I can imagine the small, tinkling sounds that could come from the baby grand. To our delight, it really is a music box.

If the crib is this little, imagine the baby that would curl up inside. Oh, to be Thumbellina for 30 minutes and to play in the Baby's Room.

The W.C.

The Dining Room. It's as elegant as any 19th century dining room could be.

Come in, invited guests, to the parlor. Mary Poppins herself could sit down and take a cup of tea.

Formal and wide -- the proper entry.

Tiny shelves to house tiny dishes.

I love the golf cleats and clubs propped in the corner. Both Ann and Richard play, so I'm sure this is a microcosm of their life.

The Sewing Room. A tiny sewing machine and work station just leave my imagination to picture all kinds of projects being created here. The house has been 8 years in the making, and Ann has lots of ideas for items to add. It is really fun to NOT grow up just yet, and even more fun to have friends who refuse to be adults all the time.

Tuesday, March 13, 2012

We've come to expect the unexpected.

I suppose unique things happen in just about any country, but it seems we are noticing particular interesting instances since being here.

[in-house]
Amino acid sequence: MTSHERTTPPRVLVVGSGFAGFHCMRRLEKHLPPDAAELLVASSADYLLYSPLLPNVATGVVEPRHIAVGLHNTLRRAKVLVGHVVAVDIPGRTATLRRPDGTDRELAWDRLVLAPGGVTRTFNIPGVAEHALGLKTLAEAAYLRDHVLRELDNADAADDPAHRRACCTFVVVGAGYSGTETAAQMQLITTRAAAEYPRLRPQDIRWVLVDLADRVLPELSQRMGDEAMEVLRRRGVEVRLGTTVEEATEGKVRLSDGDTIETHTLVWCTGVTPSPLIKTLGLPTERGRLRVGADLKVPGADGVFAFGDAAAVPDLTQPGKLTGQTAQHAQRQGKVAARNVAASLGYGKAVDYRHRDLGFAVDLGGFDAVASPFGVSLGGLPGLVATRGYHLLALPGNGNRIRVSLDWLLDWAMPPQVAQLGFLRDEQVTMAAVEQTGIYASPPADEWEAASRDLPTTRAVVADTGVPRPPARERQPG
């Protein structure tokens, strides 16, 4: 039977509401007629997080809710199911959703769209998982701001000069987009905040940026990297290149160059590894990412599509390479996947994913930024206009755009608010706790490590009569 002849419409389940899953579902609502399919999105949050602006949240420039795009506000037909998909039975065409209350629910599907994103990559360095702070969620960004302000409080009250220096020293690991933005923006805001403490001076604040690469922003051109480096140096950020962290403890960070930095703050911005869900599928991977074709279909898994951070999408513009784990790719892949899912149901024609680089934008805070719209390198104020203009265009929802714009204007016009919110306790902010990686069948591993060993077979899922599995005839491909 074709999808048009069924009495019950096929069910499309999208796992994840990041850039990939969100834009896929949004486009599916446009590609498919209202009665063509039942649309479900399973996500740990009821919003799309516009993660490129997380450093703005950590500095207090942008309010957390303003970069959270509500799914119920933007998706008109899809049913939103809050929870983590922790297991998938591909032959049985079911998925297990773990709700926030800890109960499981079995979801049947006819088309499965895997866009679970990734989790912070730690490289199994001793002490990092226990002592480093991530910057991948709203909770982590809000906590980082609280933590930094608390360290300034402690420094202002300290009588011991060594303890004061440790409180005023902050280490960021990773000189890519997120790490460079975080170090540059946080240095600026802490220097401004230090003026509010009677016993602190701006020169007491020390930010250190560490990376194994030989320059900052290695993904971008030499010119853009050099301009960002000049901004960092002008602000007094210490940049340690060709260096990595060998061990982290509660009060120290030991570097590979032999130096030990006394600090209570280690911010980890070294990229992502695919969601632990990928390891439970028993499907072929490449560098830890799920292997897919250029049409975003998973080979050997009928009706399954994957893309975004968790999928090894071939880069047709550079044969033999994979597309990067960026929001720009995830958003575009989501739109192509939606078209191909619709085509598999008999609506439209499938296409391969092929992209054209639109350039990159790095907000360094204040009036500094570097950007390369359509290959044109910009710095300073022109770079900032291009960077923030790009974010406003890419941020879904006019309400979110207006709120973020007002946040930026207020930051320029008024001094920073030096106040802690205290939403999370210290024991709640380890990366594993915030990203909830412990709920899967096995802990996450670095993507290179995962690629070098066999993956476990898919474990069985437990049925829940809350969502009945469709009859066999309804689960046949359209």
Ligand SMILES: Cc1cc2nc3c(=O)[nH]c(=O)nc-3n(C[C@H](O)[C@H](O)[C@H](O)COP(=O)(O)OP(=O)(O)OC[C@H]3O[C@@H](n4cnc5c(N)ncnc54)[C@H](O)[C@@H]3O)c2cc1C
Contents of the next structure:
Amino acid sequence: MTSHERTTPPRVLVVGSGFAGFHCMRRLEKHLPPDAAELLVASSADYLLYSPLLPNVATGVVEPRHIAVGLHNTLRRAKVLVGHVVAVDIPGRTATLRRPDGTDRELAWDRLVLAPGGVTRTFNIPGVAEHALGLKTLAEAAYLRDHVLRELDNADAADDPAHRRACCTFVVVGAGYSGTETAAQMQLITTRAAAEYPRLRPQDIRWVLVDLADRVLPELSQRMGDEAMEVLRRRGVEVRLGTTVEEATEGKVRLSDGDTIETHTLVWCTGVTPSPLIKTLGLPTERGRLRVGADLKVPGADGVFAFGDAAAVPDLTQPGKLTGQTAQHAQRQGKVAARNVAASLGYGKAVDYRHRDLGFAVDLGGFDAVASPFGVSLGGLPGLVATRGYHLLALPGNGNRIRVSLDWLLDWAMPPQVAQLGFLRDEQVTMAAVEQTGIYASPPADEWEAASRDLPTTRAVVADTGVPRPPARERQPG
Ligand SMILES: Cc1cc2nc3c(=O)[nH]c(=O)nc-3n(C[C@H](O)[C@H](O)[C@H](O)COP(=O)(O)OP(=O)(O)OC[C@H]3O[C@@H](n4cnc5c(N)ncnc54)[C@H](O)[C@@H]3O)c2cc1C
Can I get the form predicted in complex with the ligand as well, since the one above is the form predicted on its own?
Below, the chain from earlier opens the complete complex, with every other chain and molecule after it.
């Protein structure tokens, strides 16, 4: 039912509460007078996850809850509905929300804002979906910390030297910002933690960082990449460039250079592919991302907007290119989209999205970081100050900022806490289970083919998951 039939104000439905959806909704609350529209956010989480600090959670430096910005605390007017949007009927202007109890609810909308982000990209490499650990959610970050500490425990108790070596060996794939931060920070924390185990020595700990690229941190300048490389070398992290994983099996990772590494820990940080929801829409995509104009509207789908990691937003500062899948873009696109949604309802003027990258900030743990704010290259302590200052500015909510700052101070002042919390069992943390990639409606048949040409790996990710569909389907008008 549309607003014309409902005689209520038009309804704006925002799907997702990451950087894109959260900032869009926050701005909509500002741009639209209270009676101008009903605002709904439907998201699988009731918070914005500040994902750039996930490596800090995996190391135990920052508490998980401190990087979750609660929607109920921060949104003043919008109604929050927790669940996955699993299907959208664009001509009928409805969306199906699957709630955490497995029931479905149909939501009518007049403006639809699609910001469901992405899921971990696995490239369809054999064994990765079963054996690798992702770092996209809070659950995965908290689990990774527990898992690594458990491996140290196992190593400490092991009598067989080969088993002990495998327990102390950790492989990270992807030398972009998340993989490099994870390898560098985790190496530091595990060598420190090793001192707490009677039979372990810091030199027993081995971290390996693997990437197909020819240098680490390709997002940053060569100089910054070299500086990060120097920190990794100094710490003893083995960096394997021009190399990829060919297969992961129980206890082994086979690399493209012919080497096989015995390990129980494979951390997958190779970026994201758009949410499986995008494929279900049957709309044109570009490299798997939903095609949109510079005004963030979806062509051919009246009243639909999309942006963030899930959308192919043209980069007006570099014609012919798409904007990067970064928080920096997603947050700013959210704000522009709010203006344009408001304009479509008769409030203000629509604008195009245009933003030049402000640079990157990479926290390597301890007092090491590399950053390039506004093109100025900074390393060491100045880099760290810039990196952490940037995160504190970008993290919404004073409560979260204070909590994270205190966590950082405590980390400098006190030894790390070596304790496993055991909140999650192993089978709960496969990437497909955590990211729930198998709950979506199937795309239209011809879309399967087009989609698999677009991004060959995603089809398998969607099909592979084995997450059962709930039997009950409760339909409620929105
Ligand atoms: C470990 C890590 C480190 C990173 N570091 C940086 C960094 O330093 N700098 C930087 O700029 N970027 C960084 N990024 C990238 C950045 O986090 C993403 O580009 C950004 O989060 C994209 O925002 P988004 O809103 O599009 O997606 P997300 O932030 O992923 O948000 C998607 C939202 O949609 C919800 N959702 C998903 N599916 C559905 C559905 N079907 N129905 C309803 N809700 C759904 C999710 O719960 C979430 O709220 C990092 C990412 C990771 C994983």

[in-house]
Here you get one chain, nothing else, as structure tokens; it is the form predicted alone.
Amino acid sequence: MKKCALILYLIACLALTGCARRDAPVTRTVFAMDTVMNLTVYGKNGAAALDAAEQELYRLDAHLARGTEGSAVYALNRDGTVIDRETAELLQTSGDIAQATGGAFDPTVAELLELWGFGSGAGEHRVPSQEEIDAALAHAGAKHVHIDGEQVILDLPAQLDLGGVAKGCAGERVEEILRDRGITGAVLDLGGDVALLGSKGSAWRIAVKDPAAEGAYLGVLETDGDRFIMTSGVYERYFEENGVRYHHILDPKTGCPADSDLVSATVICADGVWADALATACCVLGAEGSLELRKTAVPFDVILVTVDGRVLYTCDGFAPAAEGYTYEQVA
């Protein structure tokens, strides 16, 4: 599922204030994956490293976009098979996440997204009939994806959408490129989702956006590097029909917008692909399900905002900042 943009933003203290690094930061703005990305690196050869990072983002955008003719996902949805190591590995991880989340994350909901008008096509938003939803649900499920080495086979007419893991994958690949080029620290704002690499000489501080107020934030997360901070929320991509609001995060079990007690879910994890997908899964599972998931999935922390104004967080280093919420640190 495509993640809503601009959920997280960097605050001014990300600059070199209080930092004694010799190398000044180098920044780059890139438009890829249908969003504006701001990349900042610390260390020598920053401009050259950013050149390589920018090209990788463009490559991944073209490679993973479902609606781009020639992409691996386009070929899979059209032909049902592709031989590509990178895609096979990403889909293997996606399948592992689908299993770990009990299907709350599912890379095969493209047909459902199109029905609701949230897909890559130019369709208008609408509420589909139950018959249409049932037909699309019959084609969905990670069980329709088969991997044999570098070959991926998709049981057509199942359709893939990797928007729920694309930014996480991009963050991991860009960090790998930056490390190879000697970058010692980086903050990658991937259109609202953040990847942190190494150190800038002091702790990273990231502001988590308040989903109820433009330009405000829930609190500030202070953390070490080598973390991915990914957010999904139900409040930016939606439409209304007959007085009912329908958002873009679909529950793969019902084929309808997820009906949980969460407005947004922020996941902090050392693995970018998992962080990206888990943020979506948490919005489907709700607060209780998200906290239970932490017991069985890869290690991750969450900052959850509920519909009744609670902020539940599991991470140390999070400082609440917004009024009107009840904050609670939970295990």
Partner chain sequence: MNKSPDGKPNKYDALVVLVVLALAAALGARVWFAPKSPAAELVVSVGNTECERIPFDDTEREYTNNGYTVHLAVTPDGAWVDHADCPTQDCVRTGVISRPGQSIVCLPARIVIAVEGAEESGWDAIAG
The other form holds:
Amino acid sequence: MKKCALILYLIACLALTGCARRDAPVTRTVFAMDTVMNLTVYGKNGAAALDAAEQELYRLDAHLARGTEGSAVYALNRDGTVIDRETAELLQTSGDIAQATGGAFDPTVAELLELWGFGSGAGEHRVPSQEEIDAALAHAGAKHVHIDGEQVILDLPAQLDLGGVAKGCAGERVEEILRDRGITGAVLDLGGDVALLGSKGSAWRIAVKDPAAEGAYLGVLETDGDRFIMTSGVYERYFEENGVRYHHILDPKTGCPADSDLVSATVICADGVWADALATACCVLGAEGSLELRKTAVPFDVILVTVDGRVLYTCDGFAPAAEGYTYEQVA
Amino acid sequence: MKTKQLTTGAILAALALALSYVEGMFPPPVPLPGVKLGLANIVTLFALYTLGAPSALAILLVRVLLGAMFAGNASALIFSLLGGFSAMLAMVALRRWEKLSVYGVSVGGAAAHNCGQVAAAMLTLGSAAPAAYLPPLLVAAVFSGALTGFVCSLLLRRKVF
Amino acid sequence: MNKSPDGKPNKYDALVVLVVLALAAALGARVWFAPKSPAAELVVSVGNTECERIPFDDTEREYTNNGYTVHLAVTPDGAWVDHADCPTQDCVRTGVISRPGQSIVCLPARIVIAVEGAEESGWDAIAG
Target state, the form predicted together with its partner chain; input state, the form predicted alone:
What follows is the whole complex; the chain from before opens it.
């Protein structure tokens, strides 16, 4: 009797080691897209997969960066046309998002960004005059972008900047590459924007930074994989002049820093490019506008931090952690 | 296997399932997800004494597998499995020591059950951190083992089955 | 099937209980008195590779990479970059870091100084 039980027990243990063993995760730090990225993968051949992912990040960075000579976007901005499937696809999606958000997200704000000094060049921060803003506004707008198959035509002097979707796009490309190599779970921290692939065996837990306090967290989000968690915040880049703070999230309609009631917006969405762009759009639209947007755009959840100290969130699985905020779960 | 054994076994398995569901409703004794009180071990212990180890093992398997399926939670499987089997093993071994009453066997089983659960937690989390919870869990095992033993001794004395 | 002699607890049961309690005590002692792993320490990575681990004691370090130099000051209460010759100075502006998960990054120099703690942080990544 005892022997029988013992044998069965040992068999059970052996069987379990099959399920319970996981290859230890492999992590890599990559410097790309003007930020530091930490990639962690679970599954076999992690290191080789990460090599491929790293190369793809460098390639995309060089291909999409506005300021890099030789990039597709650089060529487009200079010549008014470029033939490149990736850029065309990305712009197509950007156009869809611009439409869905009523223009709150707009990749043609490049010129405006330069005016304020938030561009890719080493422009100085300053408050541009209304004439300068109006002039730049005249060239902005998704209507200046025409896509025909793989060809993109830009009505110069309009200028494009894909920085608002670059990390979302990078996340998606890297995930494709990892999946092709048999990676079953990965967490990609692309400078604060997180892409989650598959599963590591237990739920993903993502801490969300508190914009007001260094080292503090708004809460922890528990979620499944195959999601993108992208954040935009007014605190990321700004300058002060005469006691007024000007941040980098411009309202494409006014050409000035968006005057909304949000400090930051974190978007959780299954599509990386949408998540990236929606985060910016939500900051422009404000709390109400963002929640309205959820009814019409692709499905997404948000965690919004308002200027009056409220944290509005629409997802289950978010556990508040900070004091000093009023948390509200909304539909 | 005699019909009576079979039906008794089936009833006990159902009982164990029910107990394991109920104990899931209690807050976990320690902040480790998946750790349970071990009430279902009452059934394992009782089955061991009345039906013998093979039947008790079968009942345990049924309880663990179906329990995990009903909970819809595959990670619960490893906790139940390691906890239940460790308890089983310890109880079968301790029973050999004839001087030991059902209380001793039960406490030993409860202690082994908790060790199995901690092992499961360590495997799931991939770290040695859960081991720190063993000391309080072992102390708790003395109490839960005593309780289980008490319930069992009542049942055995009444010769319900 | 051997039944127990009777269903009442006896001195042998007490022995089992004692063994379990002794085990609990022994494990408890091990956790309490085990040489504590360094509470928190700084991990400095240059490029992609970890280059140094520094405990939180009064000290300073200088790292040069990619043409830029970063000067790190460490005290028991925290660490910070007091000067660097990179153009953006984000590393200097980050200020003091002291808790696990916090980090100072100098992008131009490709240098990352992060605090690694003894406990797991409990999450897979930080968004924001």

These young people are wonderful. We had just come out of pre-requisite class for PEF called "Planning for Success," when we ran into Jefferson Agamah, one of our absolute favorite people, and a group of young adults who were at the building, great kids, who are all doing great things. Jefferson is on the far right. They are bright, friendly, energetic, and SO nice to us.

This last weekend we had a "road trip" to Kumasi ( 7 hours away), and we needed to deliver a PEF check to one of our students. When we stopped at Koforidua to deliver the check, we were immediately surrounded by children who live in the area. They look darling, and they are so curious about "obrunis" who would drive into their housing area. However, what they are saying to us is: "We want money." ...tends to spoil the moment..